Many have seen the Disney movie Wild Hearts Cant be Broken..this movie is loosely based on the book A Girl and Five Brave Horses, written by Sonora Webster Carver, the main rider of the diving horses, including The Duchess of Lightning. Sonora is famous for diving 60 feet into a pool of water horseback..even after she went completly blind!

Sonora and an unidentified horse diving 60 feet in atlantic city..(notice the smaller ramp below, which was used during training)

The Duchess of Lightning was described in Sonora’s book as a large, big boned dapple gray mare of draft blood. They originally called her Lightning due to the speed at which she worked and learned. While in Canada one show, a Duchess tried to buy her..Dr. Carver refused, but added “Duchess” onto Lightning’s name in honor of the Duchess’ interest.

The Duchess of Lightning diving with Sonora up

Bear in mind, these horses were not forced to jump. Numerous accounts from the people who rode, trained and cared for these horses attested to this fact..while it may look incrediably scary, the horses doing it were handpicked and weeded out of many, they truly loved what they did.

I have always been facinated by this act, the horses and the riders..and The Duchess of Lightning was my favorite horse of Sonora’s troupe.

My choice of Pie’s registered name was solidified when I considered her sire and dam’s names..

her sire, Lightning of Chincoteague

her dam Denim and Diamonds

Ive always felt that a horse’s name is important..a name should fit the horse, should sound great said in a whisper or over the loudspeaker..it should cause a person to want to SEE that animal. All my animals names have significant meaning to me too…Pie’s name is extremly special as it encompasses so much, it is all tied together. My vet said it sounds like something a little girl would name her pony…;)..Ive gotten used to the good natured ribbing by now..:)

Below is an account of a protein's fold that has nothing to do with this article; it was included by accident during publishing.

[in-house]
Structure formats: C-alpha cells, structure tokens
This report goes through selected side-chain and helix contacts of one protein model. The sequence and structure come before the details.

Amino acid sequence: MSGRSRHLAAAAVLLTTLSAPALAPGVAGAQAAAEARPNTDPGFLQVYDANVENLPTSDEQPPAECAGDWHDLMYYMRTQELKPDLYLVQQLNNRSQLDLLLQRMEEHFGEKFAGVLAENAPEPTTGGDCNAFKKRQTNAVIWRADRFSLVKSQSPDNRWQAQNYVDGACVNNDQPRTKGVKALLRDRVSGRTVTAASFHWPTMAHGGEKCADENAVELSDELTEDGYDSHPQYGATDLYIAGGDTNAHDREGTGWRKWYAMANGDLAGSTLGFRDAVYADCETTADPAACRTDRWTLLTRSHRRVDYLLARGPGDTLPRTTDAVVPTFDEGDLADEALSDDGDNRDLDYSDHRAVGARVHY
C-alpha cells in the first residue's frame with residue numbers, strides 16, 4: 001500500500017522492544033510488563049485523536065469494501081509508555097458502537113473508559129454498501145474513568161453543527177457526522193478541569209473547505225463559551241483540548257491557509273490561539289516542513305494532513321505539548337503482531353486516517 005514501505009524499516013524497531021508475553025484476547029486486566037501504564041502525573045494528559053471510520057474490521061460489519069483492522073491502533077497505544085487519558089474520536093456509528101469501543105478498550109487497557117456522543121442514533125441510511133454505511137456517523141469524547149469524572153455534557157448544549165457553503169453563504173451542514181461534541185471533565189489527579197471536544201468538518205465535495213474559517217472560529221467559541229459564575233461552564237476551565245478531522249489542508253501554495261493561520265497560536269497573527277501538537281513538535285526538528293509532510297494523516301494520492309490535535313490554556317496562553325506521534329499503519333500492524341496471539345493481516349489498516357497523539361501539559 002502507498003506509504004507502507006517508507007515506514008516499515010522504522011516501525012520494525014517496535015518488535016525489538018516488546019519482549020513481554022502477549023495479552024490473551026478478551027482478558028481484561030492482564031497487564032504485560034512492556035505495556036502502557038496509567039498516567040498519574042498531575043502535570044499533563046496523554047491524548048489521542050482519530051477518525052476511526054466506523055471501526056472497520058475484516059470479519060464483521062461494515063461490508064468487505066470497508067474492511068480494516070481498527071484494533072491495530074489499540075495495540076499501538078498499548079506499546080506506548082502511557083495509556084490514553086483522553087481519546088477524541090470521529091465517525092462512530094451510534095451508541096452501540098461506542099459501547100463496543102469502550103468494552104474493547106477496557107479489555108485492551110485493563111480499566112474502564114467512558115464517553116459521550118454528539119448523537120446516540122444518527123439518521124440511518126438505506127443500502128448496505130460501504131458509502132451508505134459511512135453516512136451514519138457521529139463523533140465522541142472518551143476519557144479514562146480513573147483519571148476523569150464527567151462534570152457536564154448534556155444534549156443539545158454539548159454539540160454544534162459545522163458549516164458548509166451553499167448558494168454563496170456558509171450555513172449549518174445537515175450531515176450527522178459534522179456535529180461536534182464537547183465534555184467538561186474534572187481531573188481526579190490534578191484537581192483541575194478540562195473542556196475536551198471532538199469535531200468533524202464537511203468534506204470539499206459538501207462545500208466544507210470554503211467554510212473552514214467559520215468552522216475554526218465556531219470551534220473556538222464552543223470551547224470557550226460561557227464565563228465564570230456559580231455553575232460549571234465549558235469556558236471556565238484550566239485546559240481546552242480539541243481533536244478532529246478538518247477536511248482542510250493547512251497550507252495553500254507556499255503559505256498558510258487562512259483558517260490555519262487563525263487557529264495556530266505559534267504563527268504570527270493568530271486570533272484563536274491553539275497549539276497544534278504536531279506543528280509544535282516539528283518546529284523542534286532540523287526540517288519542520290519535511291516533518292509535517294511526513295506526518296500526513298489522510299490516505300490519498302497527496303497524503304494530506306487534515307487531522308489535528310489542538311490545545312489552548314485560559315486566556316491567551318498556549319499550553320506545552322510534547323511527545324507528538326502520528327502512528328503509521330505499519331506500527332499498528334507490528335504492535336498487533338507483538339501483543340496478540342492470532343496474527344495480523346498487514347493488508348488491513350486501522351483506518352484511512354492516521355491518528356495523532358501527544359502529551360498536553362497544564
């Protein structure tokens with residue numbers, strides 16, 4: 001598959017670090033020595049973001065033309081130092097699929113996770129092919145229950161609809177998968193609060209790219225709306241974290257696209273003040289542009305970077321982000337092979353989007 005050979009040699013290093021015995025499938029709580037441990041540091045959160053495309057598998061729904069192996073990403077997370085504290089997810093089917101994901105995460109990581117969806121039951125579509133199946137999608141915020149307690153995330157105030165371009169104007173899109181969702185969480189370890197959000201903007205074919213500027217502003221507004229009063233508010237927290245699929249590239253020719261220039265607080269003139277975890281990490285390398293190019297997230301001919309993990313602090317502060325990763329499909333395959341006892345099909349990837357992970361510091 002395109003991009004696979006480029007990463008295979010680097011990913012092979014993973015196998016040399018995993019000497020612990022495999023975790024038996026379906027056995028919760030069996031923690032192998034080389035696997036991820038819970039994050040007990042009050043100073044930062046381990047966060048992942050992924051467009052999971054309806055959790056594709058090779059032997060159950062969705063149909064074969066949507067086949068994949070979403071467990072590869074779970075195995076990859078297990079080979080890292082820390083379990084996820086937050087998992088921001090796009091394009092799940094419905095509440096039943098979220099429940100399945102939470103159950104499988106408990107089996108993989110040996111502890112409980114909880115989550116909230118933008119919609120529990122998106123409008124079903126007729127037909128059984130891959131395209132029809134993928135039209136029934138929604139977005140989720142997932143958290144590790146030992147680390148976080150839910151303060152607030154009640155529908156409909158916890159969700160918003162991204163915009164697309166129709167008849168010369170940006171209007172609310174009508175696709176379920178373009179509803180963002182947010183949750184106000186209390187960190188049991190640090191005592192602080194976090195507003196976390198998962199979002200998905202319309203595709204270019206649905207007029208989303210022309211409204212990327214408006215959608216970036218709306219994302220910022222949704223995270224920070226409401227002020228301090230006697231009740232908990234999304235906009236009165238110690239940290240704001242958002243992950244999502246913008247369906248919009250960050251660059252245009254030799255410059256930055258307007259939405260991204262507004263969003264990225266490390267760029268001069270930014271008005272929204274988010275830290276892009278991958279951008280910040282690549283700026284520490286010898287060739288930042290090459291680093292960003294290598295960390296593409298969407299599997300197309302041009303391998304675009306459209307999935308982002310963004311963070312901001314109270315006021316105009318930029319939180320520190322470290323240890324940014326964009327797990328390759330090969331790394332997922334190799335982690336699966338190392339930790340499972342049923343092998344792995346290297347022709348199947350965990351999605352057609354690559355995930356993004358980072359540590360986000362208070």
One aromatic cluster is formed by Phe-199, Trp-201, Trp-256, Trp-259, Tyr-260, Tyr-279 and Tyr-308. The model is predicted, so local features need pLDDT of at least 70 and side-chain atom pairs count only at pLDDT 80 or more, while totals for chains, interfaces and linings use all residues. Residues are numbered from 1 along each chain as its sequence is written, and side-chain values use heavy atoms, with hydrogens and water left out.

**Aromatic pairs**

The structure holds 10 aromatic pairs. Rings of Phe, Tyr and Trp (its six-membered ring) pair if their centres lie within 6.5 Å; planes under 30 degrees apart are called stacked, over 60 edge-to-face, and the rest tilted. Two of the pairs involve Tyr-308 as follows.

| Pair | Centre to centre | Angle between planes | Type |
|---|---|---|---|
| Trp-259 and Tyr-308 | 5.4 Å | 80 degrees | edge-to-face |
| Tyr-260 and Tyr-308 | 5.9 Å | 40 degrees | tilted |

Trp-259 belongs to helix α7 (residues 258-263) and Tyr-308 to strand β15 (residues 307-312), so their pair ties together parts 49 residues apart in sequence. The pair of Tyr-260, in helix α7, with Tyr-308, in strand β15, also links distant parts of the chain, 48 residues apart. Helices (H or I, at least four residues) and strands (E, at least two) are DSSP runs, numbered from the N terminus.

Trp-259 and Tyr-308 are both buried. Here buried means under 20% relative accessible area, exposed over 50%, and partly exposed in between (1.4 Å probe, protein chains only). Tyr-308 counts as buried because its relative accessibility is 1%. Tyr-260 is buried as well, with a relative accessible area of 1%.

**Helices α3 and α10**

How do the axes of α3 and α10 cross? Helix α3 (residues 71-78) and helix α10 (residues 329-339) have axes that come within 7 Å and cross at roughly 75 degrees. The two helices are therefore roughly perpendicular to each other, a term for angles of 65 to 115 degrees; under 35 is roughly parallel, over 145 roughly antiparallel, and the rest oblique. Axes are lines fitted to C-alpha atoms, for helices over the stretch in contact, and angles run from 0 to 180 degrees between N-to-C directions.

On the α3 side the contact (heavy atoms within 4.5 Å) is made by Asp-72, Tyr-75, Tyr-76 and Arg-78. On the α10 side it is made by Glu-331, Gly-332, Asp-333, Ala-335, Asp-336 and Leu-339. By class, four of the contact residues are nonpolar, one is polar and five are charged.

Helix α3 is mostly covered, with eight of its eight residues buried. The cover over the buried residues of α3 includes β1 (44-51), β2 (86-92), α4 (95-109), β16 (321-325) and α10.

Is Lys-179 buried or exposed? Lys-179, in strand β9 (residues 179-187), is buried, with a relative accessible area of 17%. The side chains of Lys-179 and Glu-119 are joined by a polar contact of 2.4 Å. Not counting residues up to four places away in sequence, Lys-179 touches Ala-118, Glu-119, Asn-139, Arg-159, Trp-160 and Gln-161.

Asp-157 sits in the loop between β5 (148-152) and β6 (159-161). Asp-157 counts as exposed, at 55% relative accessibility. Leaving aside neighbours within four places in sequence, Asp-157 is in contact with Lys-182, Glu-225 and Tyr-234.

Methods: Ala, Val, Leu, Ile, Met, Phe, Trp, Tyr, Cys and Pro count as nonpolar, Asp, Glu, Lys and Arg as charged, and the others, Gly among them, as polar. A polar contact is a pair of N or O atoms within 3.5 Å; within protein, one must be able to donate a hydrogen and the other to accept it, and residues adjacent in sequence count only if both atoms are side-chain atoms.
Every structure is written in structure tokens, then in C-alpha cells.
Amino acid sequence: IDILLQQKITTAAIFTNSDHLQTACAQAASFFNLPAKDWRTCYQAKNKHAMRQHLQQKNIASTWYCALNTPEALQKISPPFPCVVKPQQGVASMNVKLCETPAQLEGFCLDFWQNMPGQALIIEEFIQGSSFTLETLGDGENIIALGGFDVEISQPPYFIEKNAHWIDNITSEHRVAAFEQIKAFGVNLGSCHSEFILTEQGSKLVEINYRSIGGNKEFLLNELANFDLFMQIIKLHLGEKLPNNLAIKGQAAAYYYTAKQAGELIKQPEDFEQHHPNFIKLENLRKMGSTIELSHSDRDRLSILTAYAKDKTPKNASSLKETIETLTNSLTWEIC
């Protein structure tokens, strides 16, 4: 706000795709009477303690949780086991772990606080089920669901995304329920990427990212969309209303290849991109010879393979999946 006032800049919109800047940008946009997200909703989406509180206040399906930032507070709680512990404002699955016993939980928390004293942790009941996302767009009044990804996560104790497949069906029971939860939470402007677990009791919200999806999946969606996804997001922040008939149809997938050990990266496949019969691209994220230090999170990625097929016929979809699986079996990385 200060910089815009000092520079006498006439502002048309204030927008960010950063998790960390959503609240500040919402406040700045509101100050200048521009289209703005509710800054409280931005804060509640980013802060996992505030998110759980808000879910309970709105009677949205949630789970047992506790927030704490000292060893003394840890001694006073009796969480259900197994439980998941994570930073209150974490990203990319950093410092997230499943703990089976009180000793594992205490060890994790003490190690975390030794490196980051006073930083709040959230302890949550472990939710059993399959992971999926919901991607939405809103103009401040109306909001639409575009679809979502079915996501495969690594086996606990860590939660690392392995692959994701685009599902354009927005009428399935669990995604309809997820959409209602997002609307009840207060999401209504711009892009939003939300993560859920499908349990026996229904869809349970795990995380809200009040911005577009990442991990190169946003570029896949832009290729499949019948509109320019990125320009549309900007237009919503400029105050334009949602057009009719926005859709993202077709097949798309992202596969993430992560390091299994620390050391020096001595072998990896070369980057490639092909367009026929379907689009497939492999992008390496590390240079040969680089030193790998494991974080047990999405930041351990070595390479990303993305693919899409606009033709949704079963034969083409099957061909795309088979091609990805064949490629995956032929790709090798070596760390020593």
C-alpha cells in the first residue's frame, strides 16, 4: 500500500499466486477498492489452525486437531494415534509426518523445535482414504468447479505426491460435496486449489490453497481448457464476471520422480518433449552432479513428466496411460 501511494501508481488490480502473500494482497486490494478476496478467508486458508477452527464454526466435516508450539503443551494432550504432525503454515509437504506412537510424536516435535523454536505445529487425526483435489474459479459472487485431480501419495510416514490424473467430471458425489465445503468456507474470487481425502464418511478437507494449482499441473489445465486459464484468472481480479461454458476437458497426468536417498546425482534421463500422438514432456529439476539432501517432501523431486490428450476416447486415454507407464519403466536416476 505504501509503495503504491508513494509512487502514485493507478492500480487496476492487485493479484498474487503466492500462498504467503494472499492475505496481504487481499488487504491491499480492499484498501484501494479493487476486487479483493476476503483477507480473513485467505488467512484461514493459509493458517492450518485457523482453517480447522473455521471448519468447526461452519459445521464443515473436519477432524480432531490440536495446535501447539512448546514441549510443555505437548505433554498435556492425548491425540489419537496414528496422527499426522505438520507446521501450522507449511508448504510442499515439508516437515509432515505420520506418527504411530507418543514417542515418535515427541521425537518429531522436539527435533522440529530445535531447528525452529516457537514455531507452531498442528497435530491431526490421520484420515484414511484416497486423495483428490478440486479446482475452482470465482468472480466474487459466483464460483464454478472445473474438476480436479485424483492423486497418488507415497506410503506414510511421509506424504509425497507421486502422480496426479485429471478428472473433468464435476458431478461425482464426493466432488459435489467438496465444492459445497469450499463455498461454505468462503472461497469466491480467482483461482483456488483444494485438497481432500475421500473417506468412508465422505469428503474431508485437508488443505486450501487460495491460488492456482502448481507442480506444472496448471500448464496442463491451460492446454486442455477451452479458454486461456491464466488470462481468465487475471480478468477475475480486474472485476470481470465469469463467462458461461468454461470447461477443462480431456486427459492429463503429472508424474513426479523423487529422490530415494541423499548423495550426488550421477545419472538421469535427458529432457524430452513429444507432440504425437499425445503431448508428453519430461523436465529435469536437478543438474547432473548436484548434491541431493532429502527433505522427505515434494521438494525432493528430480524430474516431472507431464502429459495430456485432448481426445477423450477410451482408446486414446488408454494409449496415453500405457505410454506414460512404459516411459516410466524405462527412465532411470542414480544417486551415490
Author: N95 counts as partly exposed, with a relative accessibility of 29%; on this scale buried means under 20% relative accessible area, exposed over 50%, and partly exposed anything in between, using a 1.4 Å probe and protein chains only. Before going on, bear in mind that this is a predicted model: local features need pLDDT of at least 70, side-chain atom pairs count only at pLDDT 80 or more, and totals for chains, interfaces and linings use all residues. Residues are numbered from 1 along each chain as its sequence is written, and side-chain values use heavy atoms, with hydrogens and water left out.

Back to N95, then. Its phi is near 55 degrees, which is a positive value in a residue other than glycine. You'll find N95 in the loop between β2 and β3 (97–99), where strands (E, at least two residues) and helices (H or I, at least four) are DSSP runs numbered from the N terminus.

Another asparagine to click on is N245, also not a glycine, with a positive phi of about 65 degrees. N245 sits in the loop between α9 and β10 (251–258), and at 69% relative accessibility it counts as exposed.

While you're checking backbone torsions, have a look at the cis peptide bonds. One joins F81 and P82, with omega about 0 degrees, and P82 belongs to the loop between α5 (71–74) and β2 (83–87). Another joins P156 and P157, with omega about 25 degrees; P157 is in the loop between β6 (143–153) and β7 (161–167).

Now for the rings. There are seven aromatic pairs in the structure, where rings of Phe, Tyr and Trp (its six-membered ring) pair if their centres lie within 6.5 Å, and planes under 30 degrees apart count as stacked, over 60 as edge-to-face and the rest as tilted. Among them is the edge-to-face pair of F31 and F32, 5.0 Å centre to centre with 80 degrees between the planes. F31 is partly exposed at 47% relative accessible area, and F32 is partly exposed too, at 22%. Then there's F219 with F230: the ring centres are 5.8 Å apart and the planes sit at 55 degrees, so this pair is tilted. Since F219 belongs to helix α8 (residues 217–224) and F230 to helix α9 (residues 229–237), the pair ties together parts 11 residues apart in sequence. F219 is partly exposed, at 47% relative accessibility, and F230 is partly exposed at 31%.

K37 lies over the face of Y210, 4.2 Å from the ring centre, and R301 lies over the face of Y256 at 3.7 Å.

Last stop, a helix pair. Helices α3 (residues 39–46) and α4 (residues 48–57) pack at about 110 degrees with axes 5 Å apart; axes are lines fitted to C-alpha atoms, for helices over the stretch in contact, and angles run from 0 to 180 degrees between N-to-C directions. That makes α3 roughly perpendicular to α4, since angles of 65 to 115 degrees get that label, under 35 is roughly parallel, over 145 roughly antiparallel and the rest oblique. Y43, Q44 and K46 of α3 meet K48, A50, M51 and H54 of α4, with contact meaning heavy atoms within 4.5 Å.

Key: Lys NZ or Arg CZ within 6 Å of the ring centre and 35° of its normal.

Odds N Ends…

January in Texas can be quite unpredictable, weatherwise. Some years we’ve had snow..some years I remember it hitting 70 degrees.

This past weekend, we had alittle of both…in a sense. Saturday dawned alittle chilly, but warmed up beautifully. I hauled Pie and Little Beebe down the road to a local ranch I give lessons at. Before I taught, Casey and I rode around the trails on the ranch. This place is right on the river and has “real” trees (not just mesquite) and was just great. Casey has been dieing to trail ride Beebe too..

So off we went..Casey and Beebe I think I had a fun time(see Beebe’s face, she is having a ball)

And Casey’s smile says it all..

He even got to lope her down the dirt road.

Pie was actually quite good..I got to thinking, she really has never been “trail ridden” per say. We had one spook, in which Pie jumped STRAIGHT up in the air (which put Casey into a fit of laughter, he was behind us)..but all in all, a good experience..I always count myself lucky not much actually scares Pie..and if she does spook, its a simple jump in place..no buck, no running off…Ive always felt that means my horse is thinking..kind of like if a person is startled..they dont run off, they jump..:)